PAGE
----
Singapore is home to some of the most impressive art galleries and museums in the region. This certainly is not an accident. The government creates art programs accessible to its people and attractive to its visitors. Most museums are discounted if not free for its citizens.
I recently visited the new National Gallery Singapore. How they transformed the old City Hall and Supreme Court, buildings of great historical importance, into one modern museum is a feat that merits admiration.
NGS’s exhibit, the world largest collection of modern and classical SE Asian art, was just as impressive.
I feel like I’m already beating a dead horse in this blog when I say we need to emulate Singapore’s adaptive reuse of its old buildings. They’re under tremendous pressure to build and expand but they do so without knocking down their historic structures.
Now back to the museum.
For Filipinos, living or visiting the island, NGS is a must stop over. Put it on your to-do list paisanos.
Inside you’ll find works from our greatest painters: Juan Luna, Felix Resurrecion-Hidalgo, Fernando Amorsolo and Carlos “Botong” Francisco. Men hailed as art pioneers in the region. Their obra masetras—national symbols to us Filipinos.
Like Luna’s “España y Filipinas” that speaks of the Filipino past and identity. There’s so much symbolism in this obra. One could spend an entire day figuring out the concealed message it tries to convey.
There are three known “España y Filipinas,” all painted by Luna. I have seen the one in Lopez Museum 8 years ago. Another version is in Cadiz Spain. The one in the NGS’s collection appears to be the piece that was recently auctioned in Sotheby’s. I did check with a staff and I was told that the painting is on loan. So, I’m confused now. Maybe Ambeth Ocampo could help us figure this out.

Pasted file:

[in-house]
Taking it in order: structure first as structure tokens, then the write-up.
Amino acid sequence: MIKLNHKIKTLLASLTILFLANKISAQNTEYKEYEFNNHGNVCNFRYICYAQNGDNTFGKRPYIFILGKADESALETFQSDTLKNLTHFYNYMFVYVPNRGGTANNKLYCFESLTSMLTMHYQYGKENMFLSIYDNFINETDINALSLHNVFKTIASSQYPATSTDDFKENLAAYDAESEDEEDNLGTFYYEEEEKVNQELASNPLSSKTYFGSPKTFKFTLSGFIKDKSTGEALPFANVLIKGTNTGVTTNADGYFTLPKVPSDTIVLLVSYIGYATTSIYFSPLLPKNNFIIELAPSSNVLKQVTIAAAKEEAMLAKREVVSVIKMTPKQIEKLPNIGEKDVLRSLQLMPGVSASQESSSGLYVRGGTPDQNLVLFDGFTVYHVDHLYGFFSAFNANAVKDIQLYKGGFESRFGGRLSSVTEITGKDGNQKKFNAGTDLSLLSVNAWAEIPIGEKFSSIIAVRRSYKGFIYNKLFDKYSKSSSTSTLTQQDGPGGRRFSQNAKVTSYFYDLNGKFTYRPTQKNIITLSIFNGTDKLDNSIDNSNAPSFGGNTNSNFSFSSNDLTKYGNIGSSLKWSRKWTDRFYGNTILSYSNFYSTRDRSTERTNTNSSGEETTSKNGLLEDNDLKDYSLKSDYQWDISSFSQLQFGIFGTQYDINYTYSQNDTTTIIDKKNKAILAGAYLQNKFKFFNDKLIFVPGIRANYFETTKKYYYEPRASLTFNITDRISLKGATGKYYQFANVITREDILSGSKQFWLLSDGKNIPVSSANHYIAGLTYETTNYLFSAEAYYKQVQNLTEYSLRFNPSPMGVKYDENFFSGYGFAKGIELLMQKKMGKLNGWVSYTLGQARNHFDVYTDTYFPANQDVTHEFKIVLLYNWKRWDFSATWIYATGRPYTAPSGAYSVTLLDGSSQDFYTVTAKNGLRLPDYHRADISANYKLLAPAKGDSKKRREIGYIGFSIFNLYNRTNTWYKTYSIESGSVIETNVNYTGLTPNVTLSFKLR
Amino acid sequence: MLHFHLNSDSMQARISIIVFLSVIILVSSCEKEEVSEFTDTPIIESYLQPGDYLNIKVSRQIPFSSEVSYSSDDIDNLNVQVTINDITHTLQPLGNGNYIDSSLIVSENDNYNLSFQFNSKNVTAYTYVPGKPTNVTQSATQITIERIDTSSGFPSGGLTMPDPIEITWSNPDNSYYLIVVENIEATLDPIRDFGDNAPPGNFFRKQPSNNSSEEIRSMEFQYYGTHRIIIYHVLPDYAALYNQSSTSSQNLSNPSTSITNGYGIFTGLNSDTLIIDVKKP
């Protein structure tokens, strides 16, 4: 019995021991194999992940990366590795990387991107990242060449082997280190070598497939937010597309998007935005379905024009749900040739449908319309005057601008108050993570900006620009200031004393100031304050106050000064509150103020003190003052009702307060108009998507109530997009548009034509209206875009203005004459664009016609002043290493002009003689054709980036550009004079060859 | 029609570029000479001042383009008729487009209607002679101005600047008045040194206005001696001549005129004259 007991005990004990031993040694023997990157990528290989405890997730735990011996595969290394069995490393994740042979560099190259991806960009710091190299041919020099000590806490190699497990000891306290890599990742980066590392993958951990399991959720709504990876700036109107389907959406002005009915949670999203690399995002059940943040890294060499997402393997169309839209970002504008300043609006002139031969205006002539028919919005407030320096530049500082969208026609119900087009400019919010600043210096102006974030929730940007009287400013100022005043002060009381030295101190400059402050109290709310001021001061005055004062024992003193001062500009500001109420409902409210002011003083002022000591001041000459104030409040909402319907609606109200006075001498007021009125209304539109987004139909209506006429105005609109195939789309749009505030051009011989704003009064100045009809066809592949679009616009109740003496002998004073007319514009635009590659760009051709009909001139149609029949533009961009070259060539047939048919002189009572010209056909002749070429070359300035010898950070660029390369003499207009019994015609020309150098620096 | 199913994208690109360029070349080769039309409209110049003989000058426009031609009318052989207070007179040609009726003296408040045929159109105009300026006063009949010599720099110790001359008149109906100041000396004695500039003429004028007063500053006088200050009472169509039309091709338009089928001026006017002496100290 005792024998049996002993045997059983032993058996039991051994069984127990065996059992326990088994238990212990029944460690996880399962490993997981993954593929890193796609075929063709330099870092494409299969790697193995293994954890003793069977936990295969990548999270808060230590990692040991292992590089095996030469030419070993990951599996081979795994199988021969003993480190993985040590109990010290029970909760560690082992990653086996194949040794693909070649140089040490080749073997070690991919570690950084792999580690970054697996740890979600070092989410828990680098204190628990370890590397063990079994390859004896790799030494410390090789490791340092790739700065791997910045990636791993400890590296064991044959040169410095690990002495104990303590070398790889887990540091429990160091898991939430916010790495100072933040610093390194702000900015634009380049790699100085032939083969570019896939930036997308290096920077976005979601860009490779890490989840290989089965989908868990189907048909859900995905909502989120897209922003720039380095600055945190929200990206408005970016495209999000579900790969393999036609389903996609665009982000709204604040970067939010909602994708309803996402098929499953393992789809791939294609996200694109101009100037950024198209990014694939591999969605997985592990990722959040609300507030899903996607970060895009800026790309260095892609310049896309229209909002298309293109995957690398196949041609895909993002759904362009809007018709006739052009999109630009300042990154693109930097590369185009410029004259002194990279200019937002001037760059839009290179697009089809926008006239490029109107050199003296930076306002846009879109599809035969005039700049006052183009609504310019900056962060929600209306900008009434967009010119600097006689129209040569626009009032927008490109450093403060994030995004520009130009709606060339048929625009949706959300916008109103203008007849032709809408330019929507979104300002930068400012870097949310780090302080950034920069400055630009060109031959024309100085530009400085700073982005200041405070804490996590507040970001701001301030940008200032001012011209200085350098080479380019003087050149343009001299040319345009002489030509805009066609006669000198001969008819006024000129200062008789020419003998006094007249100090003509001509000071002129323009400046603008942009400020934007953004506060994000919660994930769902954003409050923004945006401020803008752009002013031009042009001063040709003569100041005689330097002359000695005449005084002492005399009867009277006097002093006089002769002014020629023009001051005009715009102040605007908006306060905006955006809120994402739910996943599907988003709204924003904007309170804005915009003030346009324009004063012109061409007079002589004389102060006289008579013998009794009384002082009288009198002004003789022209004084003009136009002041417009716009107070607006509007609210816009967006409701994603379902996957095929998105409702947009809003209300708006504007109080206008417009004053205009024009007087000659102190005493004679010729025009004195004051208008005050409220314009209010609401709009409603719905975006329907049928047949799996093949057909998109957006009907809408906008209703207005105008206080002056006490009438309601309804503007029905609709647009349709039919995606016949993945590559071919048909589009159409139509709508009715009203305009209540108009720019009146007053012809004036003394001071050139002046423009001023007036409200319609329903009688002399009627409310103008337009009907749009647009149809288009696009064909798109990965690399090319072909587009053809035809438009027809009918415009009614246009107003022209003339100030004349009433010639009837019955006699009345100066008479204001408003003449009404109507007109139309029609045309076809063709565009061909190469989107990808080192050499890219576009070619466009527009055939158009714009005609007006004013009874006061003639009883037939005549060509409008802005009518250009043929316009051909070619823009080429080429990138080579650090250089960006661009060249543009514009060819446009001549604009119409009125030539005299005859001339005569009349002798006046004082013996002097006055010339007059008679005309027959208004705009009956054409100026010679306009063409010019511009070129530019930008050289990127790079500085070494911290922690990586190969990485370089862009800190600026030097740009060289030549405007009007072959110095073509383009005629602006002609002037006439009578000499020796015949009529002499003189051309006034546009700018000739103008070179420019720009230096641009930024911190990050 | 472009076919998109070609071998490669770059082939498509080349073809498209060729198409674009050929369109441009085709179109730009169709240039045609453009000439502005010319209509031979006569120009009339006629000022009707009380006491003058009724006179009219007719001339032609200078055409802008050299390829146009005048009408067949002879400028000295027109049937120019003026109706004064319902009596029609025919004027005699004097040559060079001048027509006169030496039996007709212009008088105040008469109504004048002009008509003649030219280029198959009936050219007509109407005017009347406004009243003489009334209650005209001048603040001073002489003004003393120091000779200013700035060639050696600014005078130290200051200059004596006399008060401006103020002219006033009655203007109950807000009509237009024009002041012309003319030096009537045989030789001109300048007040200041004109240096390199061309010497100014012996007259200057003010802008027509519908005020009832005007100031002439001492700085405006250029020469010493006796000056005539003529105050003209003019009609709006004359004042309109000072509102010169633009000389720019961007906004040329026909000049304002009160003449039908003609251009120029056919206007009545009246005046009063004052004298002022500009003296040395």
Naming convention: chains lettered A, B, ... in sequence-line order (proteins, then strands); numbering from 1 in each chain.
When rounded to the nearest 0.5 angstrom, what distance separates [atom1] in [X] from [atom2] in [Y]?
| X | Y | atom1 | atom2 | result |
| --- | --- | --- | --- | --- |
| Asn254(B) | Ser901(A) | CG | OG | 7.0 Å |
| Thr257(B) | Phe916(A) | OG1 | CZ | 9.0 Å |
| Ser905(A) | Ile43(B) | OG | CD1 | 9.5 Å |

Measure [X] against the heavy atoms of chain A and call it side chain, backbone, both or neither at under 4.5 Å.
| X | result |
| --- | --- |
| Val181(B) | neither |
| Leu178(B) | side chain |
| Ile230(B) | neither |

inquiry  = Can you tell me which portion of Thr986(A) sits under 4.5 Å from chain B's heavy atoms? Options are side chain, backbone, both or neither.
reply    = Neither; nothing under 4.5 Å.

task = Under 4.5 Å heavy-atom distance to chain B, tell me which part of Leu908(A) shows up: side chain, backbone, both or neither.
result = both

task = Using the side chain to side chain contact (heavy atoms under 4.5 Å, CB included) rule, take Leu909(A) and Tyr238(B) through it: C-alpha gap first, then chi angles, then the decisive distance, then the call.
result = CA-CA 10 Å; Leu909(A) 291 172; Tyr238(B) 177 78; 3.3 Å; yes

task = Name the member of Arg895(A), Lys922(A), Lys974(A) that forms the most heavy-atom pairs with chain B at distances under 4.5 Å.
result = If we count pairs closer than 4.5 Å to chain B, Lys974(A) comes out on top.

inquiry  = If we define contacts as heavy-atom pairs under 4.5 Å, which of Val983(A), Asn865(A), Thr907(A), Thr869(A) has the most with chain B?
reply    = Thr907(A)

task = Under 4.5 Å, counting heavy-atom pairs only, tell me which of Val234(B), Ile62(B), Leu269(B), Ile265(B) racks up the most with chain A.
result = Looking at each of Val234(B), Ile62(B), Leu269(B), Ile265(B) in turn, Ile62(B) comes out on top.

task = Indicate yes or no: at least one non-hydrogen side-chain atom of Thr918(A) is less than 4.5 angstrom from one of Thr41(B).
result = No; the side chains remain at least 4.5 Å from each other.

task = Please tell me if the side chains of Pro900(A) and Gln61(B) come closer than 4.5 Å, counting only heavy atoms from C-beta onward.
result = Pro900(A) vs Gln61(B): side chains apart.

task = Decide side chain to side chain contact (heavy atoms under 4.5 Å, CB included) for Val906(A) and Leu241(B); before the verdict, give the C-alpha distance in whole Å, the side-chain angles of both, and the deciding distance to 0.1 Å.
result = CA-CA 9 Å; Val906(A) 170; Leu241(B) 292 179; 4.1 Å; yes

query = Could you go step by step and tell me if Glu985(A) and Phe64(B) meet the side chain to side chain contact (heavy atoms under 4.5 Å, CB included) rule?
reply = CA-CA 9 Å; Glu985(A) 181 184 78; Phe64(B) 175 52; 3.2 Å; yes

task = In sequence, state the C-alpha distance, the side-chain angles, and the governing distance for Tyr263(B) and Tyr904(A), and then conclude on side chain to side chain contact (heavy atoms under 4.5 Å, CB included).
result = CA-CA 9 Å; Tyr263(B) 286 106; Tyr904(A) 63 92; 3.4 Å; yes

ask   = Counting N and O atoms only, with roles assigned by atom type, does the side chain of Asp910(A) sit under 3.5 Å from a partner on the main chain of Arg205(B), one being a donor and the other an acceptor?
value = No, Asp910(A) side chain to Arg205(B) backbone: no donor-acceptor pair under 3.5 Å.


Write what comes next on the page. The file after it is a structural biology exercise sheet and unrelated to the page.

Then there’s “The Christian Virgins Being Exposed to the Populace” by Félix Resurrección Hidalgo. This painting placed second to Luna’s massive “Spoliarium” in an art competition in Spain. I first saw this painting in Metropolitan Museum of Manila. The original was destroyed in a fire in Vallodolid.
The works of Fernando Amorsolo were so palpable you could feel his emotion. I learned about this painter in poster reproductions that adorned our elementary classrooms. I was too young to appreciate art then but those posters embedded in my mind the joyous nature of Filipinos, the beauty of our old barrio life and our great traditions.
Amorsolo’s painting during WWII are chilling reminders of a war that’s not that distant from us but many had already forgotten. NGS has two of his work during the occupation, “Defend Thy Honour” and “Marketplace during the Occupation”.
There were also art works from modern Filipino artists: Alfredo Manrique, Vicente Manansala, Ben Cabrera, Imelda Cajipe Endaya, Pablo Baens Santos, Romeo V Tabuena, Roberto Chabet, Hernando R Ocampo and Lee Aguinaldo.
The building that house’s NGS is in itself a great historical and architectural exhibit. I briefly joined the guided tour. The guide took the group around explaining its parts, history and even materials used. The visitors were entertained when she showed the temporary holding cells of the supreme court and later the trap door that opens to the courtroom upstairs.
The city hall is where Admiral Mountbatten accepted the surrender of the Japanese in 1945. Lee Kuan Yew, the island nation’s first prime minister, held office in this same building.
The National Gallery Singapore consists of two wings, the City Hall and the Supreme Court, connected by a link bridge. The DBS Singapore Gallery focuses on local artists while the UOB gallery features classic and contemporary SE Asian artists. Both buildings went under painstaking restoration work. The entire project is a text book effort in architectural reuse.
I look forward to seeing the museum again, hopefully some of you guys can join me!